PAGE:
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PREFACE This document consists of two parts. Part A explains the philosophy of the syllabus and the spirit in which it should be implemented. It also spells out the aims of the mathematics curriculum. The framework of the mathematics curriculum summarises the essence of mathematics teaching and learning in schools. The learning of mathematics at all levels involves more than the basic acquisition of concepts and skills. It also crucially involves an understanding of the underlying mathematical thinking, the general strategies of problem solving and positive attitudes to and appreciation of mathematics as an important and powerful tool in everyday life. The framework serves as a guide for mathematics teaching and learning in schools. Part B spells out the objectives of the mathematics curriculum and provides the syllabus content for each level. A comparison of the specific topics covered in the Mathematics and Foundation Mathematics is also provided to assist teachers in planning their lessons according to students’ proficiency and aptitude in the subjects. Care has been taken to ensure that there is continuity from the primary to the secondary levels. Using a spiral design of the curriculum, each topic is revisited and introduced in increasing depth from one level to the next. This enables students to consolidate the concepts and skills learned and then further develop them. The concrete-pictorial-abstract development of concepts is advocated and this is evident in the teaching and learning approaches in the syllabus. The content for Mathematics includes all the topics covered from P1 to P6. The content for Foundation Mathematics repeats some of the important topics covered from P1 to P4. This is to ensure that students doing Foundation Mathematics have a good understanding of basic mathematical concepts covered in P1 to P4. The pace of the Foundation Mathematics curriculum is also slower, giving more time and emphasis on hands-on activities to provide the concrete experience in the concrete- pictorial-abstract learning sequence. This syllabus is a guide for teachers to plan their mathematics programmes. Teachers need not be bound by the sequence of topics presented but should ensure that the hierarchy and linkage are maintained. Schemes of work should be developed with the interests and abilities of the students uppermost in mind. Teachers should exercise flexibility and creativity when using the syllabus. They are encouraged to use a wide variety of strategies and resources to meet students’ diverse range of abilities and needs, and to enhance the learning of mathematics.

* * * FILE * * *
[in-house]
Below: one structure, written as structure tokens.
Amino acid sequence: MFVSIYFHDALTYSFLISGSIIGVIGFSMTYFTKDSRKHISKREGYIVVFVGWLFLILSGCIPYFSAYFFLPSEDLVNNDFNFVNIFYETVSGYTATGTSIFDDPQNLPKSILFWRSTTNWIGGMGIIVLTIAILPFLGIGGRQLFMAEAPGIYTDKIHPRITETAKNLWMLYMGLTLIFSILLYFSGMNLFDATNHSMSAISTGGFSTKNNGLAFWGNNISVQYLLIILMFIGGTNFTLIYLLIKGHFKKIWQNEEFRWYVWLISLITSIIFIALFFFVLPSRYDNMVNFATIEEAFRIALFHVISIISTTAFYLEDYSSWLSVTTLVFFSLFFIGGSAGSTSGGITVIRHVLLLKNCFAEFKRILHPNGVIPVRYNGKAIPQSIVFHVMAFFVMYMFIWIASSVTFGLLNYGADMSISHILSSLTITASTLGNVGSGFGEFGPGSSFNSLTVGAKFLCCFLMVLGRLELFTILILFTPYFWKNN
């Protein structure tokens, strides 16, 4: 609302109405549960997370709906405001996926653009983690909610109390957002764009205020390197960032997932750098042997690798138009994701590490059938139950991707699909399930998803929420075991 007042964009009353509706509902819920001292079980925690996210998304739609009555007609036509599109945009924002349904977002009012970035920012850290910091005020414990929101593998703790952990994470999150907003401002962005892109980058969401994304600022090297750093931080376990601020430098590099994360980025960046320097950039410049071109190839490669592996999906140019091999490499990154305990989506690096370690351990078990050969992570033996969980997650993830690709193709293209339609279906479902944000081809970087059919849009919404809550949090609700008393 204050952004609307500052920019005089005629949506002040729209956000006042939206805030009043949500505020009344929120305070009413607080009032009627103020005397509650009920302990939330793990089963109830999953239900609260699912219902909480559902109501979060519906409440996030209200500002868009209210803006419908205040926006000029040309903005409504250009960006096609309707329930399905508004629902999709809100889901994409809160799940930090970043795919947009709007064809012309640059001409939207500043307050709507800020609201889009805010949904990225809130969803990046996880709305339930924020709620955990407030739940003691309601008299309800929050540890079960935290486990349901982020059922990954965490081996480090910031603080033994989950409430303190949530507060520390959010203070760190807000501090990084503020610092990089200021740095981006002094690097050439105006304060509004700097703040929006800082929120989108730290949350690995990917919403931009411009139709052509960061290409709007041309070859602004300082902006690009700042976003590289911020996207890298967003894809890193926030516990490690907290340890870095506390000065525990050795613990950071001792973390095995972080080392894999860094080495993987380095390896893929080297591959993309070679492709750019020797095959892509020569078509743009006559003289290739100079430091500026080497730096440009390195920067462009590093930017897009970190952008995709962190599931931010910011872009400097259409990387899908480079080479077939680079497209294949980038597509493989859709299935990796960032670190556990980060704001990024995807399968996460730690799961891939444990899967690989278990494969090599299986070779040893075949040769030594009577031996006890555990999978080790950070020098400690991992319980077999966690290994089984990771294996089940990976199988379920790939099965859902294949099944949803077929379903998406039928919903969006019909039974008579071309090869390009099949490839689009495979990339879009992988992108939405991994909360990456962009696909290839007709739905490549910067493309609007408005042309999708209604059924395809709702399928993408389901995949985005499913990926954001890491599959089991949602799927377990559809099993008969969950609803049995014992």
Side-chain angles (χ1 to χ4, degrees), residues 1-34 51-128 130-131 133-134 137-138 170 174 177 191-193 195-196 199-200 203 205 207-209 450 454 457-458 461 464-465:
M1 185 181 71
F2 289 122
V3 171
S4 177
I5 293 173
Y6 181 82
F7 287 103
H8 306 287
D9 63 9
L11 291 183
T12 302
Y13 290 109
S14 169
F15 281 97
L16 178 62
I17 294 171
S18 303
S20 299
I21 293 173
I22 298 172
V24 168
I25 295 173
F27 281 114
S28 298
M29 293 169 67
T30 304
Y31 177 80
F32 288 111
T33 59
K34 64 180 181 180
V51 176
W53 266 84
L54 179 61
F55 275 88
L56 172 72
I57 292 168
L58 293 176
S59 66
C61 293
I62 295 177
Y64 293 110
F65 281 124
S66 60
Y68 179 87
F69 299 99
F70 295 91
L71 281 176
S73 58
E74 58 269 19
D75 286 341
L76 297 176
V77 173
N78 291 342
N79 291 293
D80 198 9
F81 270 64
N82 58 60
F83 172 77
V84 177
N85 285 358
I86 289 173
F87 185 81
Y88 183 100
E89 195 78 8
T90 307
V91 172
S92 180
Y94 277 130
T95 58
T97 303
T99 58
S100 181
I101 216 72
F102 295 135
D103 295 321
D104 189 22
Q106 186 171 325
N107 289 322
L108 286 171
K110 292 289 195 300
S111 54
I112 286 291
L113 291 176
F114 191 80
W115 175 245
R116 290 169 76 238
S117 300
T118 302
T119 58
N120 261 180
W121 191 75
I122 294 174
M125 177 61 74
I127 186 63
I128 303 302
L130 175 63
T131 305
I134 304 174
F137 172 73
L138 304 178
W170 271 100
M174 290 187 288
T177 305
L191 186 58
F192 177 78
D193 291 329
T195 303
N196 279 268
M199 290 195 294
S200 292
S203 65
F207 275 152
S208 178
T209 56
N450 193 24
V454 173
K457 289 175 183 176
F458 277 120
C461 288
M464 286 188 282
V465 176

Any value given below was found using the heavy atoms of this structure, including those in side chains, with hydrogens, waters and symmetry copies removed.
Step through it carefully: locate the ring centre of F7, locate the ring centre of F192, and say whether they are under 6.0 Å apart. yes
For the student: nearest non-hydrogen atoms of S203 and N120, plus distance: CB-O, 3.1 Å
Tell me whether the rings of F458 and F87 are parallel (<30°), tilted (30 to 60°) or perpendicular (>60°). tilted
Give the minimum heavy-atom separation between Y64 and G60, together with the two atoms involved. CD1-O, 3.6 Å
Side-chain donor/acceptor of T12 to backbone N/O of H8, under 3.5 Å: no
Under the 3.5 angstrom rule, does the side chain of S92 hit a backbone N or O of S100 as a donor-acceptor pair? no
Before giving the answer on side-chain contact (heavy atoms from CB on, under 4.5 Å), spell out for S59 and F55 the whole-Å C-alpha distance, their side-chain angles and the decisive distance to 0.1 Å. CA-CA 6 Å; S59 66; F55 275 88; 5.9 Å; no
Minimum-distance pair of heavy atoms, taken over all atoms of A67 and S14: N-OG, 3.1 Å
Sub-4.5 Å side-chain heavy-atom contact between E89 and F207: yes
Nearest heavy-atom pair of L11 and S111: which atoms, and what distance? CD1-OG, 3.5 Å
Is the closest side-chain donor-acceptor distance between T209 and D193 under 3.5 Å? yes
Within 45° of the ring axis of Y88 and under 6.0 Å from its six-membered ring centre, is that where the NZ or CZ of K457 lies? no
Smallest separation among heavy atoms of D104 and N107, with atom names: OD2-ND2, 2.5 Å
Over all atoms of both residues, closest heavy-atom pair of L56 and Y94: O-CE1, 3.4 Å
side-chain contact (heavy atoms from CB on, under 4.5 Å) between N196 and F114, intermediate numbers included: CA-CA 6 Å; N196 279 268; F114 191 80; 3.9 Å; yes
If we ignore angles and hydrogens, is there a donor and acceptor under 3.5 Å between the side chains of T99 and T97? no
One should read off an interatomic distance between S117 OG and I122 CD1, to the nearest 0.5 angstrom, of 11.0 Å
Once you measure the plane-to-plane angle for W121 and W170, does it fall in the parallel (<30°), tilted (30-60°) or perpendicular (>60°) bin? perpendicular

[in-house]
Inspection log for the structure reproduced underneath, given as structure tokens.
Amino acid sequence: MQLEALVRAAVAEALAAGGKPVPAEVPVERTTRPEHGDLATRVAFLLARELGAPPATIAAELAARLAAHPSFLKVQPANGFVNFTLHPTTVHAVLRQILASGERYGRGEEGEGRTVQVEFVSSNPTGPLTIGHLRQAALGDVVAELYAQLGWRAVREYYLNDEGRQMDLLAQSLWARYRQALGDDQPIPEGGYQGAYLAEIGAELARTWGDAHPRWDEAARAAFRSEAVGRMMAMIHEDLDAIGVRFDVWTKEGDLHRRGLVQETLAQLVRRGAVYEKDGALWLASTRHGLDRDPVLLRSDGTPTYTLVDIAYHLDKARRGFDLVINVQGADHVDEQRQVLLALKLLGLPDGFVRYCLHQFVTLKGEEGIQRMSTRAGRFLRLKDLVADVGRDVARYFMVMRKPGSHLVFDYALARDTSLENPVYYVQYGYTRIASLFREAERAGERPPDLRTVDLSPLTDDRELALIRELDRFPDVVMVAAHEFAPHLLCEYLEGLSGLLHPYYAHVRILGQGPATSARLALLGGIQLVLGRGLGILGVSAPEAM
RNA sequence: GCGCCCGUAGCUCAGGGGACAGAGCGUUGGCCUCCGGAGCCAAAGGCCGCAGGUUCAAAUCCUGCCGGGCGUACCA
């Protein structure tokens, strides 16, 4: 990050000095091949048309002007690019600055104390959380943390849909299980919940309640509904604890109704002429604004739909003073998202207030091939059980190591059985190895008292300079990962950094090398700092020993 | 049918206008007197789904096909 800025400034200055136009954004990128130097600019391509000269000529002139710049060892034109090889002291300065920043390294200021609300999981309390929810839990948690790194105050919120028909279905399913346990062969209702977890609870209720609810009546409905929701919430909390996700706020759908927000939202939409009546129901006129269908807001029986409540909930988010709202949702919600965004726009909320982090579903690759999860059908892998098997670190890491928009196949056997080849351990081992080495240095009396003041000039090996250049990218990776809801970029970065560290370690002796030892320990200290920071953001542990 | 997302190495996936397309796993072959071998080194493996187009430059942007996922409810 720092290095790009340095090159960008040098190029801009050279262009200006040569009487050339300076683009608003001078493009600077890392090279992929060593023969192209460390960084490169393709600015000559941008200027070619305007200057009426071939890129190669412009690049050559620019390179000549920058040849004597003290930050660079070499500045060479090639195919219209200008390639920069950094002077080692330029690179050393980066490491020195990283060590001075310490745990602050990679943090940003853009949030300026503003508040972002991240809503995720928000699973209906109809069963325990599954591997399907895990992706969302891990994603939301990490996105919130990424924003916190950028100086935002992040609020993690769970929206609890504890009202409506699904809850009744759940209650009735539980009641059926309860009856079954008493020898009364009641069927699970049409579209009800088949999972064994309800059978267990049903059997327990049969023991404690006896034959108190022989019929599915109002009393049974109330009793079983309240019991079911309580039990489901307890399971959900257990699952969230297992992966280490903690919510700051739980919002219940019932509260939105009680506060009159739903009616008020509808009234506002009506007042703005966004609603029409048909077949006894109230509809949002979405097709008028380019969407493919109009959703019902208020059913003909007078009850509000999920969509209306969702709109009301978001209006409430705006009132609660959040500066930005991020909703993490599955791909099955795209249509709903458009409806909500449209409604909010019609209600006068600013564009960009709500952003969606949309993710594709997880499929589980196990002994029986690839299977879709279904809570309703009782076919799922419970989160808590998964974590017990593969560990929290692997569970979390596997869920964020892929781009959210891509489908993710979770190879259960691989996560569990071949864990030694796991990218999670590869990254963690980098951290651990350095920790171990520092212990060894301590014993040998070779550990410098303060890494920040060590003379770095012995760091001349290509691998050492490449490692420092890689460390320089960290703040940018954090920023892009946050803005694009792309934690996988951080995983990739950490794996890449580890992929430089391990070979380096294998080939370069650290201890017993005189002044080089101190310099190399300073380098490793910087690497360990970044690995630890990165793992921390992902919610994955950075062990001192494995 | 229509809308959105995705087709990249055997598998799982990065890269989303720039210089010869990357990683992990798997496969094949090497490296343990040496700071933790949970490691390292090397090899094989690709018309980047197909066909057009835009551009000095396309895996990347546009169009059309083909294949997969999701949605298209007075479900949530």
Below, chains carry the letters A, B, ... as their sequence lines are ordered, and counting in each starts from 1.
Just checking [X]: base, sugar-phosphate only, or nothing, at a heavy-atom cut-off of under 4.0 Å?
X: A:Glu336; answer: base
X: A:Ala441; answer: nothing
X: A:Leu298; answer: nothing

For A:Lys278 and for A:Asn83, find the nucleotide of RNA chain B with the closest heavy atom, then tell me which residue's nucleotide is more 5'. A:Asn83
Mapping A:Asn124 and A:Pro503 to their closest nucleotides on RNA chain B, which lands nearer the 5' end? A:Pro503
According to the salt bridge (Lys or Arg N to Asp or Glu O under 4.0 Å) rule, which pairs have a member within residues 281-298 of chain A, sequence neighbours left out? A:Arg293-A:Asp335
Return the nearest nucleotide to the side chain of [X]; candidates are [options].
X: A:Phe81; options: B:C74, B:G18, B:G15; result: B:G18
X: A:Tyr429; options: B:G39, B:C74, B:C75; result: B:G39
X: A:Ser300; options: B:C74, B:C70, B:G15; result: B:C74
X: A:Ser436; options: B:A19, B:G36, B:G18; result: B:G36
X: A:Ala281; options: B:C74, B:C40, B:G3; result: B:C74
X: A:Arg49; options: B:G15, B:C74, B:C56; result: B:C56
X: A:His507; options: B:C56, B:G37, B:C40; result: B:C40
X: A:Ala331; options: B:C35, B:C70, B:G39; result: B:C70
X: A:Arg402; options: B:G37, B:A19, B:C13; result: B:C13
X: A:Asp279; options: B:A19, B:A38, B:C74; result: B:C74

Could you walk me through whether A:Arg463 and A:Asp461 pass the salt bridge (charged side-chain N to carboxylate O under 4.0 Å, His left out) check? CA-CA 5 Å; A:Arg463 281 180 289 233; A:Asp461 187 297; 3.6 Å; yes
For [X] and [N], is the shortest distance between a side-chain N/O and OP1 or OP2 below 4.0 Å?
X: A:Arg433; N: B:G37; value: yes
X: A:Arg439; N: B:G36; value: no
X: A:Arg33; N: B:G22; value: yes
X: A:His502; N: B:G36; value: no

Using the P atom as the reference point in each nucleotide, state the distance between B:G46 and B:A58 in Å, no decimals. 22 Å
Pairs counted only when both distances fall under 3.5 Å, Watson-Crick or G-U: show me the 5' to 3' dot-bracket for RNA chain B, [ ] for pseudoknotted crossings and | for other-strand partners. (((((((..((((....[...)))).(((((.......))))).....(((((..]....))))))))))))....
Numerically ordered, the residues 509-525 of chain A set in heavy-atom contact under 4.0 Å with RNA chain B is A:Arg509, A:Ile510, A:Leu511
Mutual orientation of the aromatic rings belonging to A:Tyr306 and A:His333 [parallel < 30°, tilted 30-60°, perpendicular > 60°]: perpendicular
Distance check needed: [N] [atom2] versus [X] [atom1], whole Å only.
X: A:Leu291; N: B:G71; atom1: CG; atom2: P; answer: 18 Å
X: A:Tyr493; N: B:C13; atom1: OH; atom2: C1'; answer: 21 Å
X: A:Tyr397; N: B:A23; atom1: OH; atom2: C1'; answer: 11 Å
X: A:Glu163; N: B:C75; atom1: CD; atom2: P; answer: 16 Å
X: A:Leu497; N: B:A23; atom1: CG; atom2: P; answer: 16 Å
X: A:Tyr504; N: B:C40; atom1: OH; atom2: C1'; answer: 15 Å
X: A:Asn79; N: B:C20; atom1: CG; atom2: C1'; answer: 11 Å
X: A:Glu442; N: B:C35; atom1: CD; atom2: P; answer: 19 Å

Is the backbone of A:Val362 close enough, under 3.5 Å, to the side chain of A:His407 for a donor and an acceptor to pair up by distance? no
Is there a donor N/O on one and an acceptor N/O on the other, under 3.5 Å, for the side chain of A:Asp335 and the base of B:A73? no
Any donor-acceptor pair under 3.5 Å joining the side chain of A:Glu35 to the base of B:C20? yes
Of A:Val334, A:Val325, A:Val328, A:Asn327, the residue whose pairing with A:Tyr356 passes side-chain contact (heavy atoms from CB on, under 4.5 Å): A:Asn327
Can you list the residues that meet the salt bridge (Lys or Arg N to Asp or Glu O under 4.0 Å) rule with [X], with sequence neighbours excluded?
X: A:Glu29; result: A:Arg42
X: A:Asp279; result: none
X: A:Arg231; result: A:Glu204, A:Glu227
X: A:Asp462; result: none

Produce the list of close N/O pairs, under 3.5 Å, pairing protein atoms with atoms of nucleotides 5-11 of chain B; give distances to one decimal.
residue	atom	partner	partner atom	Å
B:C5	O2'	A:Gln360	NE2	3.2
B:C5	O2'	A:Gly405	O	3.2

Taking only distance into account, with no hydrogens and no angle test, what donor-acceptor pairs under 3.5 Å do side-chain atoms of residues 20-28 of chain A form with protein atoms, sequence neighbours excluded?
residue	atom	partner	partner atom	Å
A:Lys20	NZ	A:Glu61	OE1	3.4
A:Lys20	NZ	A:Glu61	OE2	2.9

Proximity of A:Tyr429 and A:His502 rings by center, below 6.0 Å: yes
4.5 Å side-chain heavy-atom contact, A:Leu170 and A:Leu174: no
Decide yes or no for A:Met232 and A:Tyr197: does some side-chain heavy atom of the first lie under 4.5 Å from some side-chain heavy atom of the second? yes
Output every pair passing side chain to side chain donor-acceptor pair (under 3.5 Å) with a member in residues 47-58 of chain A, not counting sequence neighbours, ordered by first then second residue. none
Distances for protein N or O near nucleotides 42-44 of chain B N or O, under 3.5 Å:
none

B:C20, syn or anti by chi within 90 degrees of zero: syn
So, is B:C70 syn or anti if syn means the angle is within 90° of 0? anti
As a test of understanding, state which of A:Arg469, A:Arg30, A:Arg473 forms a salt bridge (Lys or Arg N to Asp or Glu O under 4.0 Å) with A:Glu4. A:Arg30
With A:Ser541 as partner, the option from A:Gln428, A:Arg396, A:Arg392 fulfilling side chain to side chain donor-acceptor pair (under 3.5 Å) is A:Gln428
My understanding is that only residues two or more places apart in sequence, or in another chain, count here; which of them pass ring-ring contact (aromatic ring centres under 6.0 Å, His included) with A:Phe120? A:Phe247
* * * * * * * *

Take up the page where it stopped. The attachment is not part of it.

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PART A